We identified Pdx1 as a member of the cross-regulatory network involving Hnf6, Foxa2, Hnf1β, and Sox9. The combined defects in expression of Hnf6, Foxa2, Hnf1β, Sox9, and Pdx1 observed in Pdx1ΔC/ΔC mice likely influence Ngn3 expression in this model. We determined that Pdx1 directly occupies sequences in both Hnf1b and Foxa2 genes at E13.5. Thus, the position of Pdx1 both upstream of Foxa2, Hnf6, Sox9, and Hnf1β and downstream of Foxa2 and Hnf6 indicates that Pdx1 participates in the recently described cross-regulatory network involving these transcription factors (22). In contrast, at this stage of pancreas development, Pdx1 does not participate in the network involving Hnf1α and Hnf4α (61), since mRNA levels of Hnf1a and Hnf4a were not altered in Pdx1ΔC/ΔC mice. The occupancy of the Ngn3 promoter by Pdx1 adjacent to potential binding sites for Hnf1, Foxa2, and Hnf6 is similar to enhancer regions that regulate expression of Pdx1 (39, 45, 53, 54), suggesting the existence of conserved transcriptional regulatory modules that direct gene expression in the endocrine pancreas.
In addition to identifying a direct regulation of Foxa2 and Hnf1b by Pdx1, we identified Hnf6 as a protein partner for Pdx1, highlighting the complex role of Pdx1 in the transcriptional network of endocrine progenitors. Our data suggested that Pdx1 and Hnf6 cooperate to regulate Ngn3 expression. The importance of the Pdx1 C terminus in this interaction is demonstrated by the attenuated functional and physical interaction observed when the C terminus is truncated. However, the Pdx1 C-terminal deletion did not abolish the interaction between Pdx1 and Hnf6, indicating that other Pdx1 domains are also required. These findings suggested that the Pdx1 C terminus enhances the Pdx1/Hnf6 association by directly interacting with Hnf6 and/or by changing the conformation of other interacting regions. Alternatively, additional C-terminal–interacting protein partners may be required for Ngn3 regulation. Truncation of the C terminus is also predicted to disrupt the interaction of Pdx1 with Pcif1 and Meis2, nuclear factors whose roles in pancreas development are yet to be determined (36, 37). Several human C-terminal mutations are associated with reduced transactivation in promoter/reporter assays. One of these mutations, E224K, is located in the PCIF1 interaction motif and abrogates PCIF1 interaction in reporter assays (38), but the remaining C-terminal mutations lie outside of the PCIF1 interaction motif. Future experiments involving the derivation and characterization of mice harboring C-terminal mutations that selectively disrupt interaction with specific protein partners as well the identification and characterization of novel protein partners will advance our understanding of the mechanism whereby Pdx1 regulates endocrine progenitors.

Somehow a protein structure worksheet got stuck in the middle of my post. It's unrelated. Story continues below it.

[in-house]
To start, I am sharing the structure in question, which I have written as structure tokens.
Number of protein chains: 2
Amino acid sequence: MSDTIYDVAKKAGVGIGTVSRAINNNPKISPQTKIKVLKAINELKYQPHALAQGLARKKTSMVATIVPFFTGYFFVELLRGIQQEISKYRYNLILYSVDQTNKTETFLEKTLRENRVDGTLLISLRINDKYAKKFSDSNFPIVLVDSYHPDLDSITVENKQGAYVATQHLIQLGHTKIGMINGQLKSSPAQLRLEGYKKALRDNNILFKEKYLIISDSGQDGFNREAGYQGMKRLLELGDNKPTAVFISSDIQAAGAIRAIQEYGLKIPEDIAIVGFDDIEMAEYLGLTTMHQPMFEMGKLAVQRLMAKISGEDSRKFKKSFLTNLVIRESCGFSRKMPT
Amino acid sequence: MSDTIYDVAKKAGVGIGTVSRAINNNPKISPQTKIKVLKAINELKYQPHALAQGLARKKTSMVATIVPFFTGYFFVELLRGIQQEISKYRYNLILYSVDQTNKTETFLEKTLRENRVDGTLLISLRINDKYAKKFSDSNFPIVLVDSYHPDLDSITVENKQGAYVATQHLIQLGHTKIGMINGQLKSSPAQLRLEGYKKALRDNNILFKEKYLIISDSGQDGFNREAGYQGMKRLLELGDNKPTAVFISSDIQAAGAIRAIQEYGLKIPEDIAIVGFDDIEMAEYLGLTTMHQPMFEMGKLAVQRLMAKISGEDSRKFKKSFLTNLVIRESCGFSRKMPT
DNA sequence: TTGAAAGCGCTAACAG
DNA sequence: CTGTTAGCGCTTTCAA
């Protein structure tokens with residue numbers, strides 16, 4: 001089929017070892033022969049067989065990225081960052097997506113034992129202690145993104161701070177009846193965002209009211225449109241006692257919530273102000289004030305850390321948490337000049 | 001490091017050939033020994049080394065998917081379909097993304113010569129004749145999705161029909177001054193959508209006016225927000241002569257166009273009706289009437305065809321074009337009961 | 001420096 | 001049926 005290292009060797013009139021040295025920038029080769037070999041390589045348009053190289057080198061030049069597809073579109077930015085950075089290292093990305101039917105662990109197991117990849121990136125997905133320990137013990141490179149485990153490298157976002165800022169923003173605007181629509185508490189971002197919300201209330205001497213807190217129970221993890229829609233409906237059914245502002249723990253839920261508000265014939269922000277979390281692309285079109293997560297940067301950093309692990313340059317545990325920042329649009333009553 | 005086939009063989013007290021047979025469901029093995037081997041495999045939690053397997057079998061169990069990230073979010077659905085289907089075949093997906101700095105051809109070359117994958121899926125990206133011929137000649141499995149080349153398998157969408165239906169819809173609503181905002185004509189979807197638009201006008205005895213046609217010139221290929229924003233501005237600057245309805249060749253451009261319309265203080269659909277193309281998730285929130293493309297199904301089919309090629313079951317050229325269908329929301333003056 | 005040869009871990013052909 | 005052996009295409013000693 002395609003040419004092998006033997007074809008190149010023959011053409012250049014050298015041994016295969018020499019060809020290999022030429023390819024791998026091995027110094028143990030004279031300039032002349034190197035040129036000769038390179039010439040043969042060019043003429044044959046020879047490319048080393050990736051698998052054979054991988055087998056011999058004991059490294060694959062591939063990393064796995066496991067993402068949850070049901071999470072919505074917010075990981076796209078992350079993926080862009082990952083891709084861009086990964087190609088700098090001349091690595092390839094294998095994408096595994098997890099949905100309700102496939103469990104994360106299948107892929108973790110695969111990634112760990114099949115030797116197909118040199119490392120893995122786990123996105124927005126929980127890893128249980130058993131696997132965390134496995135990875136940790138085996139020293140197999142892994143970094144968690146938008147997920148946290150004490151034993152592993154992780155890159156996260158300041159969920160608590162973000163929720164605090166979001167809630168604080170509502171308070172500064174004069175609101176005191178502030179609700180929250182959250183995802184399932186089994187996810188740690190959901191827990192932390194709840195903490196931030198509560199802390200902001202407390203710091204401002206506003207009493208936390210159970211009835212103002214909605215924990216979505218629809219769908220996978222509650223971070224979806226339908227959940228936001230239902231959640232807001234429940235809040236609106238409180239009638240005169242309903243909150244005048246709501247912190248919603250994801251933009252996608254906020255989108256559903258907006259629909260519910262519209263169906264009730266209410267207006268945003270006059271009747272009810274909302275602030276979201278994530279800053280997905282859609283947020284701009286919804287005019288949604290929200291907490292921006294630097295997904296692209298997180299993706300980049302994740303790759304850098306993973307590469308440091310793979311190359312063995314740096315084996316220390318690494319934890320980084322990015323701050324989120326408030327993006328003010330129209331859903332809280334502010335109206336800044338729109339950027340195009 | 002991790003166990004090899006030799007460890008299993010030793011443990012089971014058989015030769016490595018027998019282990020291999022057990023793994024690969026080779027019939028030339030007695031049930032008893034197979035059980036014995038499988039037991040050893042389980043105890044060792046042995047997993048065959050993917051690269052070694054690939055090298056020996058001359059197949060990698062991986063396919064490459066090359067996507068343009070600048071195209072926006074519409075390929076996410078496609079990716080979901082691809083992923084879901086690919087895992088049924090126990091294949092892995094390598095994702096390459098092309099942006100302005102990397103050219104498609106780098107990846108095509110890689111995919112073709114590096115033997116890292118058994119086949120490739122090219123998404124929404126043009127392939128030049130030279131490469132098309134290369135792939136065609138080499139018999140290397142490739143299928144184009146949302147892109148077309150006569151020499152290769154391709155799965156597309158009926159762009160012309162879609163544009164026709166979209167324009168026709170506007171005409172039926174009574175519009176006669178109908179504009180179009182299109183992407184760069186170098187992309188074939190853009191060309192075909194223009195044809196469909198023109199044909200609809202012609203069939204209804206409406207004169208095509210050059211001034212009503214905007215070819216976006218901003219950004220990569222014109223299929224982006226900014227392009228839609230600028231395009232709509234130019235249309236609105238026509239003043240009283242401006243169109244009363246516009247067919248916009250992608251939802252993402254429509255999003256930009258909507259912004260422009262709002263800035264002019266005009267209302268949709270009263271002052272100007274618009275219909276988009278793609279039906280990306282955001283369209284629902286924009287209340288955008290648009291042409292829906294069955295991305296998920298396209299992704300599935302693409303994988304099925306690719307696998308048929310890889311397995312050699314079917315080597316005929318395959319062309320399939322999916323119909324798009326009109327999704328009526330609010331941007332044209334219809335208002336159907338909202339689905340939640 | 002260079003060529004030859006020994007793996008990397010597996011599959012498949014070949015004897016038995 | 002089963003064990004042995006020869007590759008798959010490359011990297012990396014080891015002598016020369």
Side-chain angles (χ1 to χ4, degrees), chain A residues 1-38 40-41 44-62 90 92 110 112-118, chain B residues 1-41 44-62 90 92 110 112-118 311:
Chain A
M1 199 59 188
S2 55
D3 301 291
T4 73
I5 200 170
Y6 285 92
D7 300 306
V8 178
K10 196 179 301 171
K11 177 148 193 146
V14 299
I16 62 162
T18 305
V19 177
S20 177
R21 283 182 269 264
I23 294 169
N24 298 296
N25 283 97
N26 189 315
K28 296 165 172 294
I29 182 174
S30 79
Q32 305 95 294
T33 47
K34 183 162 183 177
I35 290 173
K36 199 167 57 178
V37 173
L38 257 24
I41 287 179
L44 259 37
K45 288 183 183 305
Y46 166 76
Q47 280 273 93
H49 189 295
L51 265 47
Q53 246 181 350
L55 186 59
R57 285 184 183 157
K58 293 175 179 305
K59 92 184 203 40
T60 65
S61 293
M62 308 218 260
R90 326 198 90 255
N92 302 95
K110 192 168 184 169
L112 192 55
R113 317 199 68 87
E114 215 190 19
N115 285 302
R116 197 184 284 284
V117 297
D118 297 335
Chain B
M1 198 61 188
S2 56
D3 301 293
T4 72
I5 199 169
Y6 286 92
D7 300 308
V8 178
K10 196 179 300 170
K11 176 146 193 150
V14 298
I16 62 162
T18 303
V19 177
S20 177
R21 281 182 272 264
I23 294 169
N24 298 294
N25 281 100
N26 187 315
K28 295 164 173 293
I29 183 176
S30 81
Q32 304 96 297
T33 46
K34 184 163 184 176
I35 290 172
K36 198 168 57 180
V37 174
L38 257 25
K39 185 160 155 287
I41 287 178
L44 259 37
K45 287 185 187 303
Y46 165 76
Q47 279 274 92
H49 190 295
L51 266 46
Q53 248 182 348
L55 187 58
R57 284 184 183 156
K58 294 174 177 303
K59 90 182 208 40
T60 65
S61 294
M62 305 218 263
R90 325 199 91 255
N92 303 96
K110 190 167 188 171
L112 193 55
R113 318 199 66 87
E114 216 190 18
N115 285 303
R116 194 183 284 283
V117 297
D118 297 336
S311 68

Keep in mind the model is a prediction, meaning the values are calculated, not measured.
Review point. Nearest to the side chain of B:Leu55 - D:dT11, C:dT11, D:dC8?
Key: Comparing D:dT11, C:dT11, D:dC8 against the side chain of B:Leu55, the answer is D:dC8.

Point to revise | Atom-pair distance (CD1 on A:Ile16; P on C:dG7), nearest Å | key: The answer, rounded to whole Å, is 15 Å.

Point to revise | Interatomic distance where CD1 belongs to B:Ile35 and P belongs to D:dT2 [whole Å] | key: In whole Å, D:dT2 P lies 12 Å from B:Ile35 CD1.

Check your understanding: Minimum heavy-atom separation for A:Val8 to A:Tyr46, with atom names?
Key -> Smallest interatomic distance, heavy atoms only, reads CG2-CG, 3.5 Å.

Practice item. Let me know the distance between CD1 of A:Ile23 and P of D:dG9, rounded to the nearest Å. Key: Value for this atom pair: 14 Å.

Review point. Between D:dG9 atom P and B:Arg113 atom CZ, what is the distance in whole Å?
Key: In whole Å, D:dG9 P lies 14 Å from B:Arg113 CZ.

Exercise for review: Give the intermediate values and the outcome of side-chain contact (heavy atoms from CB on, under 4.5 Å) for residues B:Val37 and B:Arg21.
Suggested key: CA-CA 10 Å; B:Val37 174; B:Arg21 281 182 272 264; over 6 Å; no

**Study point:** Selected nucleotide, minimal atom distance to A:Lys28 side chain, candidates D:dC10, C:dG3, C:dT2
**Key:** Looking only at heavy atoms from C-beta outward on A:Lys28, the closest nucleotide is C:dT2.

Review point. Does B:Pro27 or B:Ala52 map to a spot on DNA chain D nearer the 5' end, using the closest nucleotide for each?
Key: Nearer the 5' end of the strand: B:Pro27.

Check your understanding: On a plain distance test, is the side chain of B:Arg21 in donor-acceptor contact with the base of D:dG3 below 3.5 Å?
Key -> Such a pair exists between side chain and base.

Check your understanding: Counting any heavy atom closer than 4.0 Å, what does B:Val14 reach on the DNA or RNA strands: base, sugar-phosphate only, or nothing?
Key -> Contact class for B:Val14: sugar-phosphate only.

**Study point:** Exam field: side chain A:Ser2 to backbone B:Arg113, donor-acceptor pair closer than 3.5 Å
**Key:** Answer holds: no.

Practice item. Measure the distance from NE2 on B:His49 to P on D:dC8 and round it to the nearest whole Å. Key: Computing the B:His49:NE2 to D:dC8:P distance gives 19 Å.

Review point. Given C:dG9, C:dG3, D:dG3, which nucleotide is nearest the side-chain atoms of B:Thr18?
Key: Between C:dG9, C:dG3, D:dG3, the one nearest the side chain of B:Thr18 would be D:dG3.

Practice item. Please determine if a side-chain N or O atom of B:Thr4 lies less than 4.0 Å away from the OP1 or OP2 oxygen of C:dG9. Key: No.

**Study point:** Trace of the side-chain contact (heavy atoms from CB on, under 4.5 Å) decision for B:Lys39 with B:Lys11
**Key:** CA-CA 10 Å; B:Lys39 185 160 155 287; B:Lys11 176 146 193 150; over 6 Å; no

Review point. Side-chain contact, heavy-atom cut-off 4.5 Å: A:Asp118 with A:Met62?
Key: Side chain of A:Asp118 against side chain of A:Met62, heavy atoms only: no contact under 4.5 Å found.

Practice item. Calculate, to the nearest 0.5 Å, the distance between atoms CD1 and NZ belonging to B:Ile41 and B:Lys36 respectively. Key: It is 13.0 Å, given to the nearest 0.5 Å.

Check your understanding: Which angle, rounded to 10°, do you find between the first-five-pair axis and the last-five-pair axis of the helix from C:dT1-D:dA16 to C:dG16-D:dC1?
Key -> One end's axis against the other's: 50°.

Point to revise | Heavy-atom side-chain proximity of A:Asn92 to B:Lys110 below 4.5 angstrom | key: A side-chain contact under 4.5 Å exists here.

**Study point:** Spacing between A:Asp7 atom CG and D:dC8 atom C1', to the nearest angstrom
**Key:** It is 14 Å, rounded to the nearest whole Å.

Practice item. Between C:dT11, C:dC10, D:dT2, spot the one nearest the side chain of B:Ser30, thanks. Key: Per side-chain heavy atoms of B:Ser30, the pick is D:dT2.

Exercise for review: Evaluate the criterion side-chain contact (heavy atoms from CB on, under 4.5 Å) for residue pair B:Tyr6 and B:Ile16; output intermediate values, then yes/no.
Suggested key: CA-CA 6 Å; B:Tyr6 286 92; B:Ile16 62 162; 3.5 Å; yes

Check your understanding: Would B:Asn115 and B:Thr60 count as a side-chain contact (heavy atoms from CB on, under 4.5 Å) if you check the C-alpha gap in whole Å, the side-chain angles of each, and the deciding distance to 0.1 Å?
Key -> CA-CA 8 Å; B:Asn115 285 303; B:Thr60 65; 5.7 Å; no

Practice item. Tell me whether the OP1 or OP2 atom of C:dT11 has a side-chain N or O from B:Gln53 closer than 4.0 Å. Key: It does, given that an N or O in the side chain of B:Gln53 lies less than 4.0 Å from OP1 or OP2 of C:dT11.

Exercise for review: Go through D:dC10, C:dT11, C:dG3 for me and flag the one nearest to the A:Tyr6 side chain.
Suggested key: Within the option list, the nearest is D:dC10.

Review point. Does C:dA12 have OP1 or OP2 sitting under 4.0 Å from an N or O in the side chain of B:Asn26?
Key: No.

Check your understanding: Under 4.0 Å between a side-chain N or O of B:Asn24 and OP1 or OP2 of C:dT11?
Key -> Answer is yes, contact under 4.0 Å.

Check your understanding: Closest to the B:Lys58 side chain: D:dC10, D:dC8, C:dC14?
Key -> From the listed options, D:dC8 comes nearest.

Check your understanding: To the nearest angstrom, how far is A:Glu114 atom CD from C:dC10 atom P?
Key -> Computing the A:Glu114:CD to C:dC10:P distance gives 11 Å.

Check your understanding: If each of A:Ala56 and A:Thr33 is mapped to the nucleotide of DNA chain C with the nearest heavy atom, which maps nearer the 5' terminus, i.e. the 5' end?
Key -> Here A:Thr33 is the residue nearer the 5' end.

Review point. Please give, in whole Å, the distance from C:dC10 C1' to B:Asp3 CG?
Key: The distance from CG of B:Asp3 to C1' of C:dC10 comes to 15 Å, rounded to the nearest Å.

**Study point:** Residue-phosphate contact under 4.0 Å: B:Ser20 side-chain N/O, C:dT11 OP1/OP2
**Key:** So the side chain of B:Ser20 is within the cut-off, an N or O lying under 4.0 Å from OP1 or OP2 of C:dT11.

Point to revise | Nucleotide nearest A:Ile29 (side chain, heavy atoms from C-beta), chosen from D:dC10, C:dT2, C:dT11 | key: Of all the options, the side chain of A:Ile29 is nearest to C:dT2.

Our finding that Pdx1 directly regulated Ngn3 is consistent with several reports in which induction of Pdx1 expression results in increased Ngn3 expression. Pdx1 overexpression in ES cells or human bone marrow–derived mesenchymal cells induces Ngn3 expression and promotes differentiation into insulin-producing cells (8, 62). Furthermore, recent protocols for in vitro differentiation of human ES cells into insulin-producing cells reveal increased Ngn3 expression following Pdx1 induction (8, 10). Our results provide a molecular explanation for this regulatory relationship, thereby providing insight into the requirements for manipulating multipotent cells to generate insulin-producing cells.
Recognition of the regulatory network of endocrine progenitors may be critical for guiding the differentiation of ES cells into robust β cells as well as for the transdifferentiation of mature cell types for eventual translational application. Similar strategies could be envisioned for fostering the transition of induced pluripotent stem cells into β cells. Our studies directly linking Pdx1 with Ngn3 expression and the transcription factor network of endocrine progenitors also suggest a mechanism whereby human Pdx1 mutations lead to diabetes.